Consider, for example, Psalm 88, within which it is difficult after the first verse to find anything positive about anything or anyone, including God. The psalm does not end with a neat and tidy resolution. Rather, it ends on a dark note: “you have removed lover and friend far from me; my acquaintances are in darkness: (v. 18).

Finding Comfort in God’s Justice

With all the painful stories we hear, pastors and counselors can struggle with whether God is truly on the side of justice. As we routinely try to help others deal with injustice, there can be a subtle temptation to resign ourselves to the view that the God of justice is somehow off-duty. We might even begin to expect evil to win and to conclude that God, while caring a great deal about healing, does not care that much about justice.

For example, in my local police station hangs a poster asking for information about a man who was murdered and left in the park almost twenty years ago. Sometimes I wonder if anyone even remembers that person anymore. But God does.  And God knows who killed him. Someday, justice will be rendered in this case. Even though I have no idea who this person is, I can take great comfort that the God of the universe has not forgotten and will one day close this case.

While contemporary commentators stumble over the vivid language, perhaps many of the original authors actually derive comfort from the thought of justice being administered and evil being violently defeated. They are not only looking forward to the relief from their current persecution and suffering, but they actually anticipate God being glorified through the defeat of the wicked.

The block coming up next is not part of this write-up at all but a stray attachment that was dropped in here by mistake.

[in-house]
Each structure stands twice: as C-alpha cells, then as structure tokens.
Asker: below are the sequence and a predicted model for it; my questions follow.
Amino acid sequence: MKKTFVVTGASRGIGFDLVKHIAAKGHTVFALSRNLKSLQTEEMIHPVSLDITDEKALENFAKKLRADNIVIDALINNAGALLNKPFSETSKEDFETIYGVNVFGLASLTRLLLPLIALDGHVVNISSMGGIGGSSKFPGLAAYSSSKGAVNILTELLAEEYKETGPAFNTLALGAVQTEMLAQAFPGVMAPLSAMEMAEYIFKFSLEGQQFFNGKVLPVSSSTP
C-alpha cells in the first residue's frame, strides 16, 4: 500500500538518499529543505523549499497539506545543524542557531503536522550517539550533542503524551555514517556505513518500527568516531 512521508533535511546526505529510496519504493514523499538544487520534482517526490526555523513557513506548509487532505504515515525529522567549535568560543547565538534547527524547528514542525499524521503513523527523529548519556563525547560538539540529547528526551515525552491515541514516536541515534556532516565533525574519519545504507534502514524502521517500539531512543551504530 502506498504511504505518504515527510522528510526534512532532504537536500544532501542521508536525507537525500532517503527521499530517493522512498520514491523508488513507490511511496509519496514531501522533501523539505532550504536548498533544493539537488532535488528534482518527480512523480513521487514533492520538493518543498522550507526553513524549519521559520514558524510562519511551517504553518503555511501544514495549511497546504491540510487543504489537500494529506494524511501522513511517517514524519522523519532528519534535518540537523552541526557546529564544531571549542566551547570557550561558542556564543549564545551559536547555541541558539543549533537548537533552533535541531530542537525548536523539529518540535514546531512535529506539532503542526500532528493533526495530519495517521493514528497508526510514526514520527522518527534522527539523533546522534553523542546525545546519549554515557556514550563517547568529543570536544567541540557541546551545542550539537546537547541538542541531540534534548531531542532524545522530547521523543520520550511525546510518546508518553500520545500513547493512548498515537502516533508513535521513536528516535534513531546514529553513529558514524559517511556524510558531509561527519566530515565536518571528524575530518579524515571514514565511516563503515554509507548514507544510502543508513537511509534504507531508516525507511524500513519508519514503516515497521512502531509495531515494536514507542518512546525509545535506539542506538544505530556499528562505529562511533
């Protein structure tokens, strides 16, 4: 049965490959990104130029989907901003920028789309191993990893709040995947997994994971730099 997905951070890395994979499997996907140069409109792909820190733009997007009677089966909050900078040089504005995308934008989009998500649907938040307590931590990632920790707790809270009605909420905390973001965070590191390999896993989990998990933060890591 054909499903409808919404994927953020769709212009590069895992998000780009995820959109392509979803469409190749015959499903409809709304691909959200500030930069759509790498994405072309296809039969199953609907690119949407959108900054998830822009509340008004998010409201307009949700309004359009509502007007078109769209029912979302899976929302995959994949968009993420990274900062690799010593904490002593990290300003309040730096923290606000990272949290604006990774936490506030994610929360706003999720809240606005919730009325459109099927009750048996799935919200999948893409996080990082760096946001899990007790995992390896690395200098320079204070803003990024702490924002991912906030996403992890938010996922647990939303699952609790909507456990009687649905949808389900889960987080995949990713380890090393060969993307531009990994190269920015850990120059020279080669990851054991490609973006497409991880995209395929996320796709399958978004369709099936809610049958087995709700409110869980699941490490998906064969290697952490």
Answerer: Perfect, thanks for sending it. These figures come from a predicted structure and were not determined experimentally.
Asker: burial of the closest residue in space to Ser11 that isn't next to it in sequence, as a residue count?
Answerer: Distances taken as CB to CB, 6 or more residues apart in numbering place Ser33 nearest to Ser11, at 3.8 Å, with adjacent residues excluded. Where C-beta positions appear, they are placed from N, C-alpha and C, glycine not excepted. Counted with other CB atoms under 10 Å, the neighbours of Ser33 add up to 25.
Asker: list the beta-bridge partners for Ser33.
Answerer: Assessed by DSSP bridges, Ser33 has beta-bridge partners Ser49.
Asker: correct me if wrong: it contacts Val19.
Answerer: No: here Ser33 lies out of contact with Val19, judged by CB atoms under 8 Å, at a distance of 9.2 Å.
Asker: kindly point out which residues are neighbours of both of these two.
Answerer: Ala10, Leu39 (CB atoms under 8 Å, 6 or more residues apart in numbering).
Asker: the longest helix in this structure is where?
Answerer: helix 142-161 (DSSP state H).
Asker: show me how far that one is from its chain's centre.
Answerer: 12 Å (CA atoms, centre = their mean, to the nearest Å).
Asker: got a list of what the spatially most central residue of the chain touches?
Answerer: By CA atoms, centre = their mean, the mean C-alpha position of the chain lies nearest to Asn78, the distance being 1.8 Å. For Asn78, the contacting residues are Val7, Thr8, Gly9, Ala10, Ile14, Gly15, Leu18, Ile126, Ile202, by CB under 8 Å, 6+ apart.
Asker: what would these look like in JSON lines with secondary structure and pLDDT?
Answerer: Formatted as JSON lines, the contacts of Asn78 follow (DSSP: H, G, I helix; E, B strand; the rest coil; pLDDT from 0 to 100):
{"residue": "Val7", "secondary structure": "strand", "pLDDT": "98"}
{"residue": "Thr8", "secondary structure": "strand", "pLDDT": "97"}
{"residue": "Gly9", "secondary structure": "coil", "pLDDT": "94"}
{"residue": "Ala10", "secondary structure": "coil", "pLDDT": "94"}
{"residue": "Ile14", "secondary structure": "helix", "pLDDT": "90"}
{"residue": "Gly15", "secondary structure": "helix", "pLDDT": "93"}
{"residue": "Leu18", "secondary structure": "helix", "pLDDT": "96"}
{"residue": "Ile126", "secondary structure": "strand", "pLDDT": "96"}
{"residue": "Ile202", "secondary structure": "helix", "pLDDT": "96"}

It is one thing to make rash statements in the heat of the moment; it is quite another to put these thoughts in writing under the supervision of the Holy Spirit. More seems to be going on here than mere vindictive revenge. The psalmists are not just fantasizing about the destruction of someone who hurt them; they are crying out to a just, holy, and all-powerful God, asking Him to do what is right.


This post is adapted from Forgiveness and Justice: A Christian Approach. Learn more about our latest academic and ministry titles, or request a review copy for your media outlet, blog, or ministry course.

Consider purchasing this book about Longing for Justice and the Christian Hope

 

“Clear, logical, and pastoral in its treatment of the concepts of forgiveness, repentance, and injustice.”

 – Philip G. Monroe, Biblical Theological Seminary

“No cheap grace is offered in this book, but instead a deep understanding of forgiveness, our longing for justice, and how they are to relate.

– Graham A. Cole, Trinity Evangelical Divinity School

 

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About Author

Bryan Maier (PsyD, Wheaton College Graduate School) is an associate professor in the School of Liberal Arts and Sciences at Cairn University. Dr. Maier has been working in the mental health field for 30 years and teaching counseling at the graduate level for 20 years. His mental health counseling experience includes addiction, marital issues, trauma, pastoral counseling, among many others.